Sharks elicit strong emotions, be it the thrill of a planned encounter underwater or fear propelled by social media and lack of information. Of the more than 400 species of sharks, it is the small family of mackerel sharks that is most iconic. These sharks prompted me to share why one of them, the salmon shark, is an especially remarkable species.
Why sharks? Seeking encounters with sharks has become a mild obsession of mine, and sharing their story is deeply personal. My interest in sharks was spurred by years of diving and not seeing sharks on those dives. The few sharks I did see were mostly nurse sharks, which did not conjure the same kind of excitement as sharks typically depicted in movies and media. It was the brief glimpse of a bull shark in the Florida Keys that grabbed my imagination.
I also became curious about the motivations behind people’s thirst for the thrill of seeing sharks and for fearing them. During the journey I took diving all 50 states of the United States, I continued to encounter few sharks. I saw a number of rays, part of the subclass that comprises sharks (Elasmobranchii), and adorable horn sharks, but only heard tales of encounters from other divers about other species. Their stories put purposeful encounters with sharks at the top of my bucket list.
Some of my fascination with sharks can be attributed to my grandparents, who prohibited me from seeing the movie Jaws, the single most recognized media icon for promoting widespread fear of sharks. I still have not seen it. More recently, Discovery Channel's Shark Week seems to feed on fascination driven by fear. Though educational and inspirational intent is at the heart of most programming, it is my impression that the viewers’ main takeaway from watching these programs is the thrill of watching frightening shark behavior rather than gaining respect for a prehistoric wonder. How do we educate and illuminate audiences about a species that we love for its evolutionary feats and its recognizable teeth?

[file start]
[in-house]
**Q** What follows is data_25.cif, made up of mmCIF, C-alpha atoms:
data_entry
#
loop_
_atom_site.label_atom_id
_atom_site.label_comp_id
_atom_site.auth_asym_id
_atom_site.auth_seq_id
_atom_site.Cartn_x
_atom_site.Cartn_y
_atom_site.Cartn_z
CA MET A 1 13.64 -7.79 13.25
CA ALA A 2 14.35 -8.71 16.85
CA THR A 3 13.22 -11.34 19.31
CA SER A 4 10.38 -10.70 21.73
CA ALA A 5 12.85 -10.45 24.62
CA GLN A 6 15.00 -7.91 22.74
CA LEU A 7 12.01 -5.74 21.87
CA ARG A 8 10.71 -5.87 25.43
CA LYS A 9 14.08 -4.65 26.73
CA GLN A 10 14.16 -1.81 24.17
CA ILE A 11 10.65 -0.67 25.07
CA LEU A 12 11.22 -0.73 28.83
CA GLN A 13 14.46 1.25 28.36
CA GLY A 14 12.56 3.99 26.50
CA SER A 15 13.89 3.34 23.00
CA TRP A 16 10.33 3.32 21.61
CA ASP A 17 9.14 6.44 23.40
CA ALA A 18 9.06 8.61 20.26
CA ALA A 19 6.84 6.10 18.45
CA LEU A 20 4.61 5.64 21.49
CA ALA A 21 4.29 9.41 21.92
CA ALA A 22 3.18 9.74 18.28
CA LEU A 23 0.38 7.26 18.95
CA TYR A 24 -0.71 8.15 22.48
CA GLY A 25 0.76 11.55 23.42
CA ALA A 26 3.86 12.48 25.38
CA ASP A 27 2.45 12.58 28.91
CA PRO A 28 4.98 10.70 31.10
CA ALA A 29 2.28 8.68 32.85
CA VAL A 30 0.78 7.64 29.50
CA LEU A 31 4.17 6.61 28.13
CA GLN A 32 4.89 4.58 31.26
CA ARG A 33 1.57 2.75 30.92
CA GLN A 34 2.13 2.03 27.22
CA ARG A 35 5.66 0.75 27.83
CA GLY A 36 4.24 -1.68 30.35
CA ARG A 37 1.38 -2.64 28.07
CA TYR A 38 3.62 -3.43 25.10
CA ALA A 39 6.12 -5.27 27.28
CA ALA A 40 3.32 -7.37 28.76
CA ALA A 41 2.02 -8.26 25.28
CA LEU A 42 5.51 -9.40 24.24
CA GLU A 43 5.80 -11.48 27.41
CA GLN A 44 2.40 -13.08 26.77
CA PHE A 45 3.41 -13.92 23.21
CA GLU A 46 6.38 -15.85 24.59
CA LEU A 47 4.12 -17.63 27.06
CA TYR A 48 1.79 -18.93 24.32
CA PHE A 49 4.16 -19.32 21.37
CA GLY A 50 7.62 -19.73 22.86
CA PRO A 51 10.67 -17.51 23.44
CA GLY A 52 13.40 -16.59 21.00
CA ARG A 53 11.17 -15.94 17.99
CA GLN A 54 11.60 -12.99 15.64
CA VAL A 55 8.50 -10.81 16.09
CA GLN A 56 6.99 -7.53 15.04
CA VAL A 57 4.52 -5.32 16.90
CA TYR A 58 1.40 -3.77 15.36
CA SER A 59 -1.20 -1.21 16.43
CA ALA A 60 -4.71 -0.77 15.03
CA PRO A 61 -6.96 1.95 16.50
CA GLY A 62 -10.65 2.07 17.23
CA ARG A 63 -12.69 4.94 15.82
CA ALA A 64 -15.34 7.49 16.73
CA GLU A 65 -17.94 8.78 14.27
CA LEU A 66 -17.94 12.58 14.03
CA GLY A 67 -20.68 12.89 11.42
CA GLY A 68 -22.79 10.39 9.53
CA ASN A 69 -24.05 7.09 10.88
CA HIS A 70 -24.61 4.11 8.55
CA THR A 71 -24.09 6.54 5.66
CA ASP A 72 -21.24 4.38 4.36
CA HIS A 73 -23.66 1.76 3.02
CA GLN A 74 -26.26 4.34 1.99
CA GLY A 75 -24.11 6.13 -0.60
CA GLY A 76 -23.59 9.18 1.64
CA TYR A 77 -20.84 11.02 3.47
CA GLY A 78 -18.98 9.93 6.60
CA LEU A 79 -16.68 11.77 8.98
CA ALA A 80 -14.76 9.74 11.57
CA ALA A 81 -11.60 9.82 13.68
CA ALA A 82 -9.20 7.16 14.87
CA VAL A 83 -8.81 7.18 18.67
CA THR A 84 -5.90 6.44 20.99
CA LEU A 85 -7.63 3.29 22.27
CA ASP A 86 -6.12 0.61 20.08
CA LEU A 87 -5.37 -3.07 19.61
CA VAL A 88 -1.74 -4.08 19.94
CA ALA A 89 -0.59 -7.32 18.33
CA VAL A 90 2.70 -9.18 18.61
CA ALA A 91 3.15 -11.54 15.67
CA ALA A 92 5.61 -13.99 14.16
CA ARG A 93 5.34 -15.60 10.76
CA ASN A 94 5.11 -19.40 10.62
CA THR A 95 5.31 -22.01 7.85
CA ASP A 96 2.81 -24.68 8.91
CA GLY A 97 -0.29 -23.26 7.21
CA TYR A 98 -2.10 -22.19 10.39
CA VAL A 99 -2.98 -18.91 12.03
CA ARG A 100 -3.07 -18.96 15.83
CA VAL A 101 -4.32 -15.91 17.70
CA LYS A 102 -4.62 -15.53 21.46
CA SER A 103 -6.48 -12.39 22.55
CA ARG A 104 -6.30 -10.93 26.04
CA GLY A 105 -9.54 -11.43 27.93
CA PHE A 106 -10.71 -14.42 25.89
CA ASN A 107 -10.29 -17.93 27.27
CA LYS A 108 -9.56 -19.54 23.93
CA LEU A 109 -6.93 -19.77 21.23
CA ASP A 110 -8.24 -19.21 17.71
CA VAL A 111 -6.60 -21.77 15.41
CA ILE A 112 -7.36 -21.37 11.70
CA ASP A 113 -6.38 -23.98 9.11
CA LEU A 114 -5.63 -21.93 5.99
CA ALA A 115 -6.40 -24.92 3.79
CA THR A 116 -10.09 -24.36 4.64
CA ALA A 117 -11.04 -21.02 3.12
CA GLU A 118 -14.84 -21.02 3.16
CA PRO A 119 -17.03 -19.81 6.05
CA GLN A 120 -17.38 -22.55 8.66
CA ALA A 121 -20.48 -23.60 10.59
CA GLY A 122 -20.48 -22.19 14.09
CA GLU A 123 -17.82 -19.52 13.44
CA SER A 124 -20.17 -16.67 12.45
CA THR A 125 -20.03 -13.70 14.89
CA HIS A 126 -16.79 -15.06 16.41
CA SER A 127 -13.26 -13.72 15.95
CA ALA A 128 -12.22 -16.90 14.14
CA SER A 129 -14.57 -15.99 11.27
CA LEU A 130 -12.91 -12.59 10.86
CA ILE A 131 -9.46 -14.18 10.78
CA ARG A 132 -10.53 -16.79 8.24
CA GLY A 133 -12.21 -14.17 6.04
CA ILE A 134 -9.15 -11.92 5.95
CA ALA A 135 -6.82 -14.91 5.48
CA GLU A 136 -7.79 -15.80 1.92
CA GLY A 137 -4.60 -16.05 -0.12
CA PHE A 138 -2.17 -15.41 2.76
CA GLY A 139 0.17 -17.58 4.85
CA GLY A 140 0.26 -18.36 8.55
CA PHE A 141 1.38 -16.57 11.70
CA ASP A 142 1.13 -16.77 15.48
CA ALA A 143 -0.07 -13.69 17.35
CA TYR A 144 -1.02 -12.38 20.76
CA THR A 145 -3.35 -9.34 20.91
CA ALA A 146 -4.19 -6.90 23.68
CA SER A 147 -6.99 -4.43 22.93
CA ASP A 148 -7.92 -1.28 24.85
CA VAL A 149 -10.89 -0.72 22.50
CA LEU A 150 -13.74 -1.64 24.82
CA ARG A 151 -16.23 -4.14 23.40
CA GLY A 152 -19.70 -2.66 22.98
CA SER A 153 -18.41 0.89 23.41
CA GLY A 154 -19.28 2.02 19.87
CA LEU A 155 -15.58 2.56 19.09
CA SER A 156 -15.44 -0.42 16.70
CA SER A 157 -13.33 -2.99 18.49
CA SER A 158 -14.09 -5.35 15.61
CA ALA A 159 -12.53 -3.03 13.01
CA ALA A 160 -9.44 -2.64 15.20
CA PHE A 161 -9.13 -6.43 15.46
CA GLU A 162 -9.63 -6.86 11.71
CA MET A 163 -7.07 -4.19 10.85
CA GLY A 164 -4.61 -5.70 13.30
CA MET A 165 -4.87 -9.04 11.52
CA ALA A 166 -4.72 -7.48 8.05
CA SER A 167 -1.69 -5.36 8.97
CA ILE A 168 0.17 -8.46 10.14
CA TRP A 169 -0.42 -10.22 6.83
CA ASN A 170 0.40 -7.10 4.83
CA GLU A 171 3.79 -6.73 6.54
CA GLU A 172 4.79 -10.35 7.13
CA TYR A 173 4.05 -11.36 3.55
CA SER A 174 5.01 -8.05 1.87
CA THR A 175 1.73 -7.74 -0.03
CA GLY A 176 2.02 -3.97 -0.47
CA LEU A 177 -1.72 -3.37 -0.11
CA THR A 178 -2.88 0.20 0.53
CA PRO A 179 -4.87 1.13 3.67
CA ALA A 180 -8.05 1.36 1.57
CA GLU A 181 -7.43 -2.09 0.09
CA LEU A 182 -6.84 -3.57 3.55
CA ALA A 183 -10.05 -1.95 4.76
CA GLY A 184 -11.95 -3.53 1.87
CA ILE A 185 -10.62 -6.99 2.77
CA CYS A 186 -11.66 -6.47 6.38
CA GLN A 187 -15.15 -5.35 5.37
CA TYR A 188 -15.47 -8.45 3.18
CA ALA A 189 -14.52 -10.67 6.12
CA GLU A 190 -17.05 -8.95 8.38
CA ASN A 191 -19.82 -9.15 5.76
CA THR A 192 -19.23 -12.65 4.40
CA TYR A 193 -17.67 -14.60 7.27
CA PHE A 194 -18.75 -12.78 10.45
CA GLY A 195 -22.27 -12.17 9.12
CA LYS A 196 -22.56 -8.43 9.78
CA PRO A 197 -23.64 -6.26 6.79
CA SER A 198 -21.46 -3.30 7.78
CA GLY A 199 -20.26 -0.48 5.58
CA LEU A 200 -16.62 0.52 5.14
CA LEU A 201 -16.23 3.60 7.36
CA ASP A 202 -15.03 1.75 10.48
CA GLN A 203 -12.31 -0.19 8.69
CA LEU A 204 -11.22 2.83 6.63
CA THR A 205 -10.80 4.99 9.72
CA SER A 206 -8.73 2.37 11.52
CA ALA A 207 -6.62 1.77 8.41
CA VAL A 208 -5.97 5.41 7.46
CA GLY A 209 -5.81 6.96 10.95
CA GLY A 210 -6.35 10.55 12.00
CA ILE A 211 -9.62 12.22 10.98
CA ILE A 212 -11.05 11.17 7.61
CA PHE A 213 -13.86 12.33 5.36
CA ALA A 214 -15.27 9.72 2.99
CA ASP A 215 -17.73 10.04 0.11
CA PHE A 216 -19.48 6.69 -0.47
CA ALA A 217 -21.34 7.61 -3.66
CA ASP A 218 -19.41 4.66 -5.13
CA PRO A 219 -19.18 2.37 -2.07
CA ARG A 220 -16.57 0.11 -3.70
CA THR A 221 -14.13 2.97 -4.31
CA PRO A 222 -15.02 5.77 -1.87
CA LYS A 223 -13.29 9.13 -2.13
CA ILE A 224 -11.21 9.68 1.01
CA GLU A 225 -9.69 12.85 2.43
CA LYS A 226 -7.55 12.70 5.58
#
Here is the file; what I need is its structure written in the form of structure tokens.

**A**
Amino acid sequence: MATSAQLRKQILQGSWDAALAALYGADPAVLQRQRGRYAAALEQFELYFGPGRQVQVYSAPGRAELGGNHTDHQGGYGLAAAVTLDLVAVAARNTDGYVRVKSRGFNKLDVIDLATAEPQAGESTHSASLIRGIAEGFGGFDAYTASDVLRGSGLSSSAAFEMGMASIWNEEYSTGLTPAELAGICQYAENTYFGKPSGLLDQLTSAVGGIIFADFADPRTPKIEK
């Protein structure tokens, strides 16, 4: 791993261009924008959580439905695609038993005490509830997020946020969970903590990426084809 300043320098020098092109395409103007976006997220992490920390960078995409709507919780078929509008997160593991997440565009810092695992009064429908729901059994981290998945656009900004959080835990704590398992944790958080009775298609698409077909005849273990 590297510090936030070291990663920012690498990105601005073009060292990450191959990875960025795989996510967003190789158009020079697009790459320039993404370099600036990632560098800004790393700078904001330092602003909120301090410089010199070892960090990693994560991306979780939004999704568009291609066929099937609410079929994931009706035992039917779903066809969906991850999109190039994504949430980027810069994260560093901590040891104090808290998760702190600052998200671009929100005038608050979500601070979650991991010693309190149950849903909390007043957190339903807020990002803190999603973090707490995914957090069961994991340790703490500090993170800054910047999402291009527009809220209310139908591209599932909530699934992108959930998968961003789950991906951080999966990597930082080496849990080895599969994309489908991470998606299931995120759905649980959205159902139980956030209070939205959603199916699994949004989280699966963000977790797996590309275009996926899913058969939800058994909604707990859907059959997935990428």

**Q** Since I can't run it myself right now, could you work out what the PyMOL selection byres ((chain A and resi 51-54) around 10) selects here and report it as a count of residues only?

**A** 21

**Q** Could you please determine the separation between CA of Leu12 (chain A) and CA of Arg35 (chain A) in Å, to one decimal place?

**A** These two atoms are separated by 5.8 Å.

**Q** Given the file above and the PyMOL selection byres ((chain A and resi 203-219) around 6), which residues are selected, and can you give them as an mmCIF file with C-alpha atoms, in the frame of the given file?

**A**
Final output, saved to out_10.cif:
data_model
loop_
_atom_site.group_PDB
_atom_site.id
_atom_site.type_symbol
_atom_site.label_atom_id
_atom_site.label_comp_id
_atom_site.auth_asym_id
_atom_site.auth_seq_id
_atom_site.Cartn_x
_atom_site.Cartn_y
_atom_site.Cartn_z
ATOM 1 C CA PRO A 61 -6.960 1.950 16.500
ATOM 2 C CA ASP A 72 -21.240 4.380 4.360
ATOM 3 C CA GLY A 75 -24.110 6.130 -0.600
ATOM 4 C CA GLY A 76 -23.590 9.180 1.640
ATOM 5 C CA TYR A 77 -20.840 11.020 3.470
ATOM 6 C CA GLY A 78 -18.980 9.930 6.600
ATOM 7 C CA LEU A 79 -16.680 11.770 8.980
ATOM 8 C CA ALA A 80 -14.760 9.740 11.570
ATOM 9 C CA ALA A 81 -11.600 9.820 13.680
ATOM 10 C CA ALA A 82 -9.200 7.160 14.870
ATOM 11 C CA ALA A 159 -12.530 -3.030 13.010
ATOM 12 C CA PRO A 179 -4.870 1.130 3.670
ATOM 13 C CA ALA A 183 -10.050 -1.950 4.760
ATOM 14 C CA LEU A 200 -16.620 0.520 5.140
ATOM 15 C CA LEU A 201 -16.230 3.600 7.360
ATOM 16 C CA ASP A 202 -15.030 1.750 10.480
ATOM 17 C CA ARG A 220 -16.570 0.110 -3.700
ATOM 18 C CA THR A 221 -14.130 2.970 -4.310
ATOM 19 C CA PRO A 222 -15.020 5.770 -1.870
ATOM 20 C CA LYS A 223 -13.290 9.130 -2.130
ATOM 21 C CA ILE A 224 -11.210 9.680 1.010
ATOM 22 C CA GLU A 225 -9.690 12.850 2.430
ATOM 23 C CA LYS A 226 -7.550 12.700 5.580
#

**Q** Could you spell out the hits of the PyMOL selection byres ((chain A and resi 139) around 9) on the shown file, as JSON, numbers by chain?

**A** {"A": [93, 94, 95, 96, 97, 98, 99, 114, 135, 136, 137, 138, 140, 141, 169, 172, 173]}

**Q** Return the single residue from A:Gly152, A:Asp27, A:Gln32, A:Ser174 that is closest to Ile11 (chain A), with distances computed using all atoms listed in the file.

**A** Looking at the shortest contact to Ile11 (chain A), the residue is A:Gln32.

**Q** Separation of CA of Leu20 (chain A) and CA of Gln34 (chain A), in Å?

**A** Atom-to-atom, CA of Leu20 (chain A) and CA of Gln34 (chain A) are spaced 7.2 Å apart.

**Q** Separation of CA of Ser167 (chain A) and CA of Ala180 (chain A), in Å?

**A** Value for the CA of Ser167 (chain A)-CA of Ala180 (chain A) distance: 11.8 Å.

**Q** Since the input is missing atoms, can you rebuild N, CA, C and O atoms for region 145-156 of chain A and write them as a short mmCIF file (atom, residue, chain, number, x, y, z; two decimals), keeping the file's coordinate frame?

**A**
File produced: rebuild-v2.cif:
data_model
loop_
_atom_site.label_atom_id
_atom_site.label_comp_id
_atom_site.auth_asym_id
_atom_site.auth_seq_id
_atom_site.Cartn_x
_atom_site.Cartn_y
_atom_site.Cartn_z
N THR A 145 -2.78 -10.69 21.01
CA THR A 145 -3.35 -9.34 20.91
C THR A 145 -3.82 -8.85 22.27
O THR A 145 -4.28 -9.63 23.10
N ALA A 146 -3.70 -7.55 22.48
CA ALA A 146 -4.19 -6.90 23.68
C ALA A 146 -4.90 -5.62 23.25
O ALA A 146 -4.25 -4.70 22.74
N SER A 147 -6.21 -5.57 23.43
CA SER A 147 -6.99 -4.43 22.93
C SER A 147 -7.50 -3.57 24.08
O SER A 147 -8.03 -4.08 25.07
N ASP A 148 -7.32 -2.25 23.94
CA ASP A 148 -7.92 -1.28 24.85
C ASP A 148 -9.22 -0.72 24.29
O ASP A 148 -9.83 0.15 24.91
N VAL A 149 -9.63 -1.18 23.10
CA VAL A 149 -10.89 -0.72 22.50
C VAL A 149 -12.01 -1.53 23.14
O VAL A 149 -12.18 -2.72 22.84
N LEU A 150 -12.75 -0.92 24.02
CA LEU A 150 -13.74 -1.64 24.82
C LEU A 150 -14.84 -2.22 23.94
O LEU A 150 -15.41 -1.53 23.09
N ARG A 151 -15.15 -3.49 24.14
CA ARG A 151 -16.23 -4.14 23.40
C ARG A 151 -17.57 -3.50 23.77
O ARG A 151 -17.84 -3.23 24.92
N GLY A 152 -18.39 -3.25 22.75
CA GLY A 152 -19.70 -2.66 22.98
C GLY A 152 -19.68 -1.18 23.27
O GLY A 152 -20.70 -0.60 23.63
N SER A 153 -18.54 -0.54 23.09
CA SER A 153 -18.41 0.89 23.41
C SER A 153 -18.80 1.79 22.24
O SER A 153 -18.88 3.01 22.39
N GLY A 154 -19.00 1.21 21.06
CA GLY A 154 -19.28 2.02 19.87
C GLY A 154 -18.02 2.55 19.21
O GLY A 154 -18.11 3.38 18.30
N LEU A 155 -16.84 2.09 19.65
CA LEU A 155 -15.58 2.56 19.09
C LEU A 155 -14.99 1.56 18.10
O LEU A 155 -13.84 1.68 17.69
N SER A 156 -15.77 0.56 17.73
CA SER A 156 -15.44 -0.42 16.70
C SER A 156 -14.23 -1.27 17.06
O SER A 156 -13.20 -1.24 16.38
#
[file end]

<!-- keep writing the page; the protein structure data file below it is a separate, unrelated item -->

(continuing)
Answering these questions and fulfilling my dreams to encounter sharks began in Alaska, at the end of my 50-state journey, where I learned about the fabled salmon shark (Lamna ditropis). I learned there was an operator in Prince William Sound, which offered trips to swim with them, and so I made plans that directed the next five years of my diving career.
Finding the town of Valdez
I signed up for my first trip with Ravencroft Lodge through shark expert Andy Murch of Big Fish Expeditions. Boone Hodgin now runs North 60 Adventures from his remote lodge to take a limited number of guests to encounter sharks each summer. He meets guests in Valdez and makes the crossing from Prince William Sound to Port Fidalgo. To get to the small fishing town of Valdez, I prefer to fly into Anchorage and then make the five-hour drive.
Alaska is one of America’s last great wildernesses and home to grizzly bears, melting glaciers, salmon and bald eagles. Summers are a flurry of life, rushing to reproduce and eat while food is plentiful. Making the crossing to Valdez afforded me the opportunity to see sites such as Matanuska Glacier and Horsetail Falls.
Valdez is a tiny town whose name is recognizable from the Exxon Valdez oil spill in 1989, which originated from these waters. An earthquake in 1964 caused a tsunami that nearly wiped out the town and resulted in the construction of the modern marina, from which we depart today. Glaciers surround the town and are the source of the murky teal glacial waters seen near shore.
Salmon sharks and their relatives
Before any expedition, I research as much as possible about my subject to ensure the best encounters. Little is known about salmon sharks, but what I found correlated with what is known about all sharks. They are poorly protected, comprising part of an average 100 million sharks killed each year.
The salmon shark population was estimated at two million individuals in 1989 with poorly documented catches, showing that during some years, nearly 200,000 individuals were caught within a four-month window. Though they are listed as of “least concern” with the IUCN Red List, it is noted that this assessment is based on a lack of evidence regarding current populations and on reduced numbers of catches. Sport fishing for salmon sharks is prevalent in Alaska, with reports of a single competition killing 10,000 salmon sharks in Valdez around the year 2000.
Salmon sharks are distinct, and at the same time, part of the most recognizable shark family. They belong to the family of mackerel sharks (Lamnidae), which also include great white sharks, shortfin and longfin mako sharks, and porbeagle sharks. They are remarkably adapted to their cold-water habitat and also share the uncommon characteristic of being endothermic, meaning they can keep their body temperature above the water temperature. This is especially helpful for when they mate in the Arctic.
Observing salmon sharks